We read the article, “We Should Cherish Our Children’s Freedom to Think” last week. The author Kie Ho uses his own experiences about his son’s thought and many examples to prove his point. He thinks that public education certainly is not perfect in America, but it is a great deal better than any other country. Children should be more liberal thinking, writing and imagining, rather than comply with the rules or follow the prescribed order of their parents and the execution of what adults say. Children’s creativity brings inspiration to adults, improves the act of education and makes the change to the world.
Growing up, math teachers always seemed surprised when I showed competence manipulating objects and shapes. Teachers even went so far as to tell me usually boys have better spatial sense. Reading the authors’ acknowledgement of the fact people are not simply born with or without spatial sense was very interesting to me; this statement made me wonder how I can foster this skill in my own students. Similar to number sense (defined and discussed in chapter two of this same text), having spatial sense is crucial to understanding geometry. Knowing that mathematics in general helps to formalize the ability to be able to grasp, visualize and represent the space in which we live, it stands to reason that learners who are able to display an understanding of spatial sense have a better understanding of the fact that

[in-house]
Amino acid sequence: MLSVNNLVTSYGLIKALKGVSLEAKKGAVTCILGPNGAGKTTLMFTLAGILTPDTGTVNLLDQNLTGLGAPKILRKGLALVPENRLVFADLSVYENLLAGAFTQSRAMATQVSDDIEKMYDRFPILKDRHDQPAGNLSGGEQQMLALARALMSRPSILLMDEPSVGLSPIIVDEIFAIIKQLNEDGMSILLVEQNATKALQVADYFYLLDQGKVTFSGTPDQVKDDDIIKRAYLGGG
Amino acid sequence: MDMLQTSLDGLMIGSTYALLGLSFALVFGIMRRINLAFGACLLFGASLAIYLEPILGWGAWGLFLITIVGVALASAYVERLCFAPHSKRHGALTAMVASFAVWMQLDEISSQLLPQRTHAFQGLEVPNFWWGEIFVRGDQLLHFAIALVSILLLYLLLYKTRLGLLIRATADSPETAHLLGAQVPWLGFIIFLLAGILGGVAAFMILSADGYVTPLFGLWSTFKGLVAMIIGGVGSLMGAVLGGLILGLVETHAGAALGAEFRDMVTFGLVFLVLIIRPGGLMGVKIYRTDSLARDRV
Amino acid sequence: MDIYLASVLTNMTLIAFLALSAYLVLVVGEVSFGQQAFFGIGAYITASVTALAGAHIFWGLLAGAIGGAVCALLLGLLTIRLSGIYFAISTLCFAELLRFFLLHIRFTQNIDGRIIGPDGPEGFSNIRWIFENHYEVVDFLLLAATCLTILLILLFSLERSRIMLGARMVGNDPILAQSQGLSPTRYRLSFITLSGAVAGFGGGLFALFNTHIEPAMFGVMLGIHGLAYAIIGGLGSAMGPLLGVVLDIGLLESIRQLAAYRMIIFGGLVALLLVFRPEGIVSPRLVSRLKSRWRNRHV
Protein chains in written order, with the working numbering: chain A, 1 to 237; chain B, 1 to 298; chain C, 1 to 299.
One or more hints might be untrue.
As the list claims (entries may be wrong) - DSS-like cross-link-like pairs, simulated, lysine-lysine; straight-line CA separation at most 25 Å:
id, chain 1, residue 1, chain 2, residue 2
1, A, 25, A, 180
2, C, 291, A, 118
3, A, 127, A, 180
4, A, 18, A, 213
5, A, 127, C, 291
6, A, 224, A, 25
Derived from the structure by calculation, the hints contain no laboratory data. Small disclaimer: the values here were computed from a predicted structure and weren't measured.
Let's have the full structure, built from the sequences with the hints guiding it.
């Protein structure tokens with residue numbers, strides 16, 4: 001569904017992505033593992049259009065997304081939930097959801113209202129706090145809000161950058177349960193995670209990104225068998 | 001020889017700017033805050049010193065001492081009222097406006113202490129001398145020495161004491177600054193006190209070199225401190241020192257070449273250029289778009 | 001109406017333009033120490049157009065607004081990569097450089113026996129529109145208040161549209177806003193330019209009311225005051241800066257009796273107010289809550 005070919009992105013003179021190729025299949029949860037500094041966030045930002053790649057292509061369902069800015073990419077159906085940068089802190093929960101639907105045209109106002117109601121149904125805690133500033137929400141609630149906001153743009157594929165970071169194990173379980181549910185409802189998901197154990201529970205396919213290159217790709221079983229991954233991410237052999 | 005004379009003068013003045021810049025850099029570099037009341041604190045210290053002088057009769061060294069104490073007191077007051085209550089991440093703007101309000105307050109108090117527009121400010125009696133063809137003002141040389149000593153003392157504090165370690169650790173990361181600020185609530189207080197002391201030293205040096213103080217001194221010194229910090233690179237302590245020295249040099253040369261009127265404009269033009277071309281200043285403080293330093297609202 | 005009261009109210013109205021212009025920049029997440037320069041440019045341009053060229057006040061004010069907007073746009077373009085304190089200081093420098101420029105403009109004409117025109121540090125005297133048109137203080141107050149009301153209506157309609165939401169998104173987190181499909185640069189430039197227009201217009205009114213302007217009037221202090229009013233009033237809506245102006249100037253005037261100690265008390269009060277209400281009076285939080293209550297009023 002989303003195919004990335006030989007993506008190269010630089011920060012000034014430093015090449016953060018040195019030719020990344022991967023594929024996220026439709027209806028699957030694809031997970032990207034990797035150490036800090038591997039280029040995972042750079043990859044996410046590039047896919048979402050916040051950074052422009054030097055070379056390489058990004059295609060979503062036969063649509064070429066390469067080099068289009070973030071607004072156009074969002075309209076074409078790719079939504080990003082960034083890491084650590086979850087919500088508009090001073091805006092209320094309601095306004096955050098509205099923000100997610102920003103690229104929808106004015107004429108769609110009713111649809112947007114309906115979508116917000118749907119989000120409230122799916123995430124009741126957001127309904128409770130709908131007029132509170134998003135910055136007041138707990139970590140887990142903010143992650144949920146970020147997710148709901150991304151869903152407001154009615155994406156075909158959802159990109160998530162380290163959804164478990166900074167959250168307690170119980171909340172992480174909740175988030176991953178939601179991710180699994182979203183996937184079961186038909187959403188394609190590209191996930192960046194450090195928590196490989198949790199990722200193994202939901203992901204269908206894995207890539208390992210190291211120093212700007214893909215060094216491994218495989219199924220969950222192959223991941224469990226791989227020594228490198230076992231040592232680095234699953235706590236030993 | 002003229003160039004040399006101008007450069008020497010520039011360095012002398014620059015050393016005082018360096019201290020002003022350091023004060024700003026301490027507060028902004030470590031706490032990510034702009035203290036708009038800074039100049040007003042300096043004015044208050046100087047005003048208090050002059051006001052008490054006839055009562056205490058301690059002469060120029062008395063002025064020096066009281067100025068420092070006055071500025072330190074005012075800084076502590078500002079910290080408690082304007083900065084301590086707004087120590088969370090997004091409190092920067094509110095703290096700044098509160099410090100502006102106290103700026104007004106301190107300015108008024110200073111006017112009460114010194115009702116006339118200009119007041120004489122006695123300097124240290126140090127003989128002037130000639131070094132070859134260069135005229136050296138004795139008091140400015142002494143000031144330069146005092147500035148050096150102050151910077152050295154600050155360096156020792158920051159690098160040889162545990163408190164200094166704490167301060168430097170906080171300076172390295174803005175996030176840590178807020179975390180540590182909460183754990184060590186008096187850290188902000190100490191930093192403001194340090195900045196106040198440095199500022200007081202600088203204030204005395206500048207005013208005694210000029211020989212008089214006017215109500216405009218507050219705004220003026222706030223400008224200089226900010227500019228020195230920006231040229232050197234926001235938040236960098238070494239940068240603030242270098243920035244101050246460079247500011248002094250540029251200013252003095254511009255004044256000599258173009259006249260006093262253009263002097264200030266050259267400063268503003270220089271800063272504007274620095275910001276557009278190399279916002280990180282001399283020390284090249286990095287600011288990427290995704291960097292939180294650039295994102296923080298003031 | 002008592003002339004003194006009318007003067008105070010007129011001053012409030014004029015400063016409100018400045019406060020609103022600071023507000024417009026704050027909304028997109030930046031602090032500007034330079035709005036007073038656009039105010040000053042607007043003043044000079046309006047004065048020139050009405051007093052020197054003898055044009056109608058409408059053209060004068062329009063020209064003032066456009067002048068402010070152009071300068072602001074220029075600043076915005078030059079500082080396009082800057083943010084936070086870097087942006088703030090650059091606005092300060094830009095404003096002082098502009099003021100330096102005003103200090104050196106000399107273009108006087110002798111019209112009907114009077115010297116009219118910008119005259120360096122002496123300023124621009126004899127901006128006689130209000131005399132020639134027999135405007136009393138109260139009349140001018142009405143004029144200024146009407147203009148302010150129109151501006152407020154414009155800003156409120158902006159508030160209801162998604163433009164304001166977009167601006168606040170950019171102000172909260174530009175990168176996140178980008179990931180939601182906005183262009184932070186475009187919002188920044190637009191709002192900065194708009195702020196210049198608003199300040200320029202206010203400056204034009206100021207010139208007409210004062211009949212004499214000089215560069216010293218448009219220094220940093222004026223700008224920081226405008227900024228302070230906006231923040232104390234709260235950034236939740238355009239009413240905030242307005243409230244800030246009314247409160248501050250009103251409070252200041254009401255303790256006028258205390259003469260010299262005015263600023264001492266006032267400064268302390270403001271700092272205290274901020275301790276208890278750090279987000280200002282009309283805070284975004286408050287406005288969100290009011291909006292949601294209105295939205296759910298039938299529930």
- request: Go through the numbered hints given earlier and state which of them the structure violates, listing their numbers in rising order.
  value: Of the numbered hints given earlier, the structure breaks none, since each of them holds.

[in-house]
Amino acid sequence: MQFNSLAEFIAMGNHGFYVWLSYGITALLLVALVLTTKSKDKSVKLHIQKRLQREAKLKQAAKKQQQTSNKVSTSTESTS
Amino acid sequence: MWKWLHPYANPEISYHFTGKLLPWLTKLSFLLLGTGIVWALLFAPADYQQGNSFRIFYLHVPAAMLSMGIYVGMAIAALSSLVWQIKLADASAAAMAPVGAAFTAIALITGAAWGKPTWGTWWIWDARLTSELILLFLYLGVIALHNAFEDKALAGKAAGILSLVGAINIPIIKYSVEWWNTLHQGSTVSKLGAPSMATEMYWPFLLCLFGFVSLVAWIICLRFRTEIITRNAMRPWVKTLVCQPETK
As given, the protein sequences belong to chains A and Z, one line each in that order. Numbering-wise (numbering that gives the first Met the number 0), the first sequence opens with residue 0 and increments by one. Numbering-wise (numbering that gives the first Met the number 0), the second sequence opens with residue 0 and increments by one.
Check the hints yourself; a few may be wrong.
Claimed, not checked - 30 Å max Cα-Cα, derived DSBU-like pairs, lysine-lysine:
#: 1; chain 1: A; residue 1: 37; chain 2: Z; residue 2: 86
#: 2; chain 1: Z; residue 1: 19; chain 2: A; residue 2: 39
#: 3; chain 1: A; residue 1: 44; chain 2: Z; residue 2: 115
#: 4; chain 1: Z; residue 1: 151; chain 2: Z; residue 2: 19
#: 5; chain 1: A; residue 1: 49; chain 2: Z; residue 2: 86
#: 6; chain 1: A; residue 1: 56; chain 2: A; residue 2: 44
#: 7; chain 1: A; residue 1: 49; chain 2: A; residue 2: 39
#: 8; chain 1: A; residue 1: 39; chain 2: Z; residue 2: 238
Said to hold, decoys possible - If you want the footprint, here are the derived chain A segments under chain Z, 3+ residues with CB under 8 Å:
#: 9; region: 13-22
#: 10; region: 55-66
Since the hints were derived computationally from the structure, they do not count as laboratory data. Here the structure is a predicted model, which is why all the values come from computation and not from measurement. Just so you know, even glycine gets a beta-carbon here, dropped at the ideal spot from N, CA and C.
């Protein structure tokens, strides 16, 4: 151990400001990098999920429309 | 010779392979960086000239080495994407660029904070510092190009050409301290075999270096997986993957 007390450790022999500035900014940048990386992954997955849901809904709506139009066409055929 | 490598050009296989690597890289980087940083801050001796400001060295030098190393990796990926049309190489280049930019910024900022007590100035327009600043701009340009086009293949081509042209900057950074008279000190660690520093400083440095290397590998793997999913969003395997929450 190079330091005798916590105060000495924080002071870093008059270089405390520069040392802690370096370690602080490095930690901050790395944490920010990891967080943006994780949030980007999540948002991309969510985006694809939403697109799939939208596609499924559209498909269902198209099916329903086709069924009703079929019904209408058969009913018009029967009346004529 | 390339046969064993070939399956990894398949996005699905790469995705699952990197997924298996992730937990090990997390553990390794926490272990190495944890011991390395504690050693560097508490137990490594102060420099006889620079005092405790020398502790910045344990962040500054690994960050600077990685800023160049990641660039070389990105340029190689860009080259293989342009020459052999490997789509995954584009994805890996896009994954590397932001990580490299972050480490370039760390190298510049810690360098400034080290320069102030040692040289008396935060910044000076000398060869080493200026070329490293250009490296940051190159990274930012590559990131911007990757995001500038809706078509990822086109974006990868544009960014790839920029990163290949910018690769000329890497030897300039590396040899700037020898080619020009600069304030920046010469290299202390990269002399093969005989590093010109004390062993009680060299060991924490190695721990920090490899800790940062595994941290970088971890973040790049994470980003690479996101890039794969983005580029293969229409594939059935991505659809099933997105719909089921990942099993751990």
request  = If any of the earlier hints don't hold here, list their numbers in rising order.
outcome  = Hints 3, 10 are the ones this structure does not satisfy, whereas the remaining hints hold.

However, I disagree with a characteristic which says that they like more art than music which is not me at all I hate art. While doing research I have found out some tips that I didn’t know could be helpful while studying like closing your eyes and trying to visualise the information, when using flashcards that you limit the amount of information on them, so you don’t overload them with facts, another one that I learnt was that when you hear a new word you can try visualising the spelling of the word. Task 2a: I feel like I learnt my maths GCSE successfully for many reasons. I really enjoyed the lessons and the way they were taught, because I am a visual learner just sitting in front of the board and doing examples and questions helped me a lot getting me through this GCSE. Also I managed to complete all the tasks in the given time limit that we got given.